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Embattled health administrator Arthur Porter announces he has cancer

Arthur T. Porter.


Arthur Porter, the former Montreal hospital administrator who has been accused of widespread financial mismanagement by a special provincial audit team, has announced through a press release that he has cancer.

Dr. Porter, who headed the six English-speaking hospitals that make up the McGill University Health Centre from 2004 to 2011, has not commented publicly since he was heavily criticized in December by a Quebec review committee for, among other problems, allowing the hospital network's deficit to balloon to a possible $115-million.

On Wednesday, he broke his silence in a brief press release from the private cancer clinic he runs in the Bahamas, explaining that he had been admitted to hospital that day for surgery. The press release did not say what kind of cancer he is believed to have, only that it was a "newly discovered malignancy." Dr. Porter will receive radiotherapy and chemotherapy at the Nassau private clinic he operates, The Cancer Centre, the release stated.

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Domica Davis, the clinic's media relations officer, sent the release to The Tribune, a Nassau newspaper, on Wednesday afternoon with a note asking the paper's editors to "please keep him in your prayers."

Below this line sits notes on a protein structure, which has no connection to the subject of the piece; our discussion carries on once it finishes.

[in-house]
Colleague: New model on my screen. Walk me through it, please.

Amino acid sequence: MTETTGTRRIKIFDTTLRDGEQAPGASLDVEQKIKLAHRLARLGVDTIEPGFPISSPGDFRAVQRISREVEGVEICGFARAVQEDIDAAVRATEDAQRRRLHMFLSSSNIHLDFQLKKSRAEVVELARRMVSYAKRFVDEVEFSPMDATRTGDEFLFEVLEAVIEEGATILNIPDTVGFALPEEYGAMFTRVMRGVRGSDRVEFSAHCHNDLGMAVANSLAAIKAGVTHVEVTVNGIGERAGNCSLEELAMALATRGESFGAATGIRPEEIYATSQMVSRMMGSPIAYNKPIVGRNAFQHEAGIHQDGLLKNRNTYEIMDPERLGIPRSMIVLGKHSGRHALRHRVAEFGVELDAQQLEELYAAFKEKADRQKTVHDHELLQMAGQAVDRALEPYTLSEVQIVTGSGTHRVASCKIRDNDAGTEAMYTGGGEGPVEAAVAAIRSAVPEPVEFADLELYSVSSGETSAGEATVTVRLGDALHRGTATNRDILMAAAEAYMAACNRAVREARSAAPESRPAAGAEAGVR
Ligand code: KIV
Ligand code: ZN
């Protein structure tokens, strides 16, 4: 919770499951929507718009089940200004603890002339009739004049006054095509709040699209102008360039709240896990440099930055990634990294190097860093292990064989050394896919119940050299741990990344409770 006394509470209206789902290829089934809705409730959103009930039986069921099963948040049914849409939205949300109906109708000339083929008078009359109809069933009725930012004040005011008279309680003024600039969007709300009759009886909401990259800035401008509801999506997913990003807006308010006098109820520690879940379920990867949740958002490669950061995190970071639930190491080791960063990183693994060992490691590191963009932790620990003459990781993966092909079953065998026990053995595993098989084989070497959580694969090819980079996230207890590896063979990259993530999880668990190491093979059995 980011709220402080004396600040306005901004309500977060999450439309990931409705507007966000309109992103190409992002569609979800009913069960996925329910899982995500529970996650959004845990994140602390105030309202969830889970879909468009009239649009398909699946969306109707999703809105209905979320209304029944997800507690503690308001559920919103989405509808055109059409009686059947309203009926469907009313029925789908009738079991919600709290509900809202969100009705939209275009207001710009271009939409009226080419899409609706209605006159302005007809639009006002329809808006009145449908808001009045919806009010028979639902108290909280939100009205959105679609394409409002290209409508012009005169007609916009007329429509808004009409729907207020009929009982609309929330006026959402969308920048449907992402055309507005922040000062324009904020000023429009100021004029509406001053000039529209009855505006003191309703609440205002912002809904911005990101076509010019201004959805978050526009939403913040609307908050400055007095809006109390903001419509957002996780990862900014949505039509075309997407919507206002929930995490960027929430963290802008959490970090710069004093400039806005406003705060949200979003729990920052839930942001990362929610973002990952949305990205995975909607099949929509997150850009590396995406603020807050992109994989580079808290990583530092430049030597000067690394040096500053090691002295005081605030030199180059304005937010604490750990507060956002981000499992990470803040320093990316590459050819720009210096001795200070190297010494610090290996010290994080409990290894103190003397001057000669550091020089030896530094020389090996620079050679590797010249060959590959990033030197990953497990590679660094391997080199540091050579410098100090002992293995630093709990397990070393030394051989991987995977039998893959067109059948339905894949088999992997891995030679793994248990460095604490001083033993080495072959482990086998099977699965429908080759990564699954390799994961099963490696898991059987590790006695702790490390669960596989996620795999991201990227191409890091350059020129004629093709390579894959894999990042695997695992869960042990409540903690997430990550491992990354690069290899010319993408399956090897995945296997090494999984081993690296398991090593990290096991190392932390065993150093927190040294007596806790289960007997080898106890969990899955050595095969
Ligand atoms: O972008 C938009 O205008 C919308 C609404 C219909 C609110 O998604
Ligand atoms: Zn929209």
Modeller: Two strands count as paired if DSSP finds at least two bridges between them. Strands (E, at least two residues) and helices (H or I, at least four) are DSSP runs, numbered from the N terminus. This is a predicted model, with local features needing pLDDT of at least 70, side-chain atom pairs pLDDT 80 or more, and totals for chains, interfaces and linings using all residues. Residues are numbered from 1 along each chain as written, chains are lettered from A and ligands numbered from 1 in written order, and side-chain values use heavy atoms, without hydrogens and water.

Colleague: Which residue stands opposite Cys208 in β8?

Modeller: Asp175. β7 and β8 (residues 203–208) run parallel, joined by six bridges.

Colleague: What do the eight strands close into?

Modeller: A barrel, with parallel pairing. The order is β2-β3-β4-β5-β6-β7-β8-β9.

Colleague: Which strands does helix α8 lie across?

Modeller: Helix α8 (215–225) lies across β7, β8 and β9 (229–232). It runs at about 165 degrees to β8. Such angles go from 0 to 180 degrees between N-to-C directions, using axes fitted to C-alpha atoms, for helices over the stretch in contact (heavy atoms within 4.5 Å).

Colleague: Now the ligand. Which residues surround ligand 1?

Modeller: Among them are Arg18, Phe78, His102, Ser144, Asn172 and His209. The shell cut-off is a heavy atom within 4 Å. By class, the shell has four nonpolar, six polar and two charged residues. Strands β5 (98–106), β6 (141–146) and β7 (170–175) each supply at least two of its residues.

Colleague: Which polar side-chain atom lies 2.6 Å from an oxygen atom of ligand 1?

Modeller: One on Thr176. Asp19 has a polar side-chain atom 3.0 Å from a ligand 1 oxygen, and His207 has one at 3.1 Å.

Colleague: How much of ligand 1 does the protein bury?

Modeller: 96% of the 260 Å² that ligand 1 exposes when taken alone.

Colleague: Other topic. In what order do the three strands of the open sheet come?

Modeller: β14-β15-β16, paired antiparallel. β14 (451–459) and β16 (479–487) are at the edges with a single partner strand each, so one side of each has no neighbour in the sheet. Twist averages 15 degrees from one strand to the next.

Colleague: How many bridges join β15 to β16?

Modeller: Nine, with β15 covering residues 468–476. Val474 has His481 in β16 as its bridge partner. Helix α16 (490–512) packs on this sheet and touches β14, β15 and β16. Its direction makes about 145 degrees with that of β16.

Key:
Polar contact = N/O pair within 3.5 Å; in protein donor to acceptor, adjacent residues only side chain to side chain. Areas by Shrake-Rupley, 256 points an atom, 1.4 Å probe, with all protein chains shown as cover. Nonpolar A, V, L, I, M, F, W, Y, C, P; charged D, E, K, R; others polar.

Since he left Montreal, Dr. Porter has been embattled by a growing list of controversies. He resigned as hospital CEO, and from a high-profile government post as the chair of the civilian committee that oversees CSIS in 2011, after the National Post revealed he had entered into a commercial relationship with a former arms dealer, Ari Ben-Menashe.

Since then, Quebec's anti-corruption task force has criminally charged two former executives of SNC-Lavalin with defrauding the hospital network as part of their efforts to land a $1.3-billion contract to build the McGill University Health Centre a new facility – a contract that was awarded under Dr. Porter.

Dr. Porter is also being sued by McGill University for $317,000, most of which was provided to him as part of a low-interest loan. Lawyers for the university stated, in court records, that the university had been unsuccessful in reaching Dr. Porter after a brief exchange in which he told a McGill staffer that he was in his native country, Sierra Leone.

Before moving into hospital management, Dr. Porter worked as a radiation oncologist in Edmonton, London, Ont., and Detroit.

He also is involved in a long and varied list of private businesses, including the sale of radiotherapy equipment to developing countries, several mining projects and a solar power startup.

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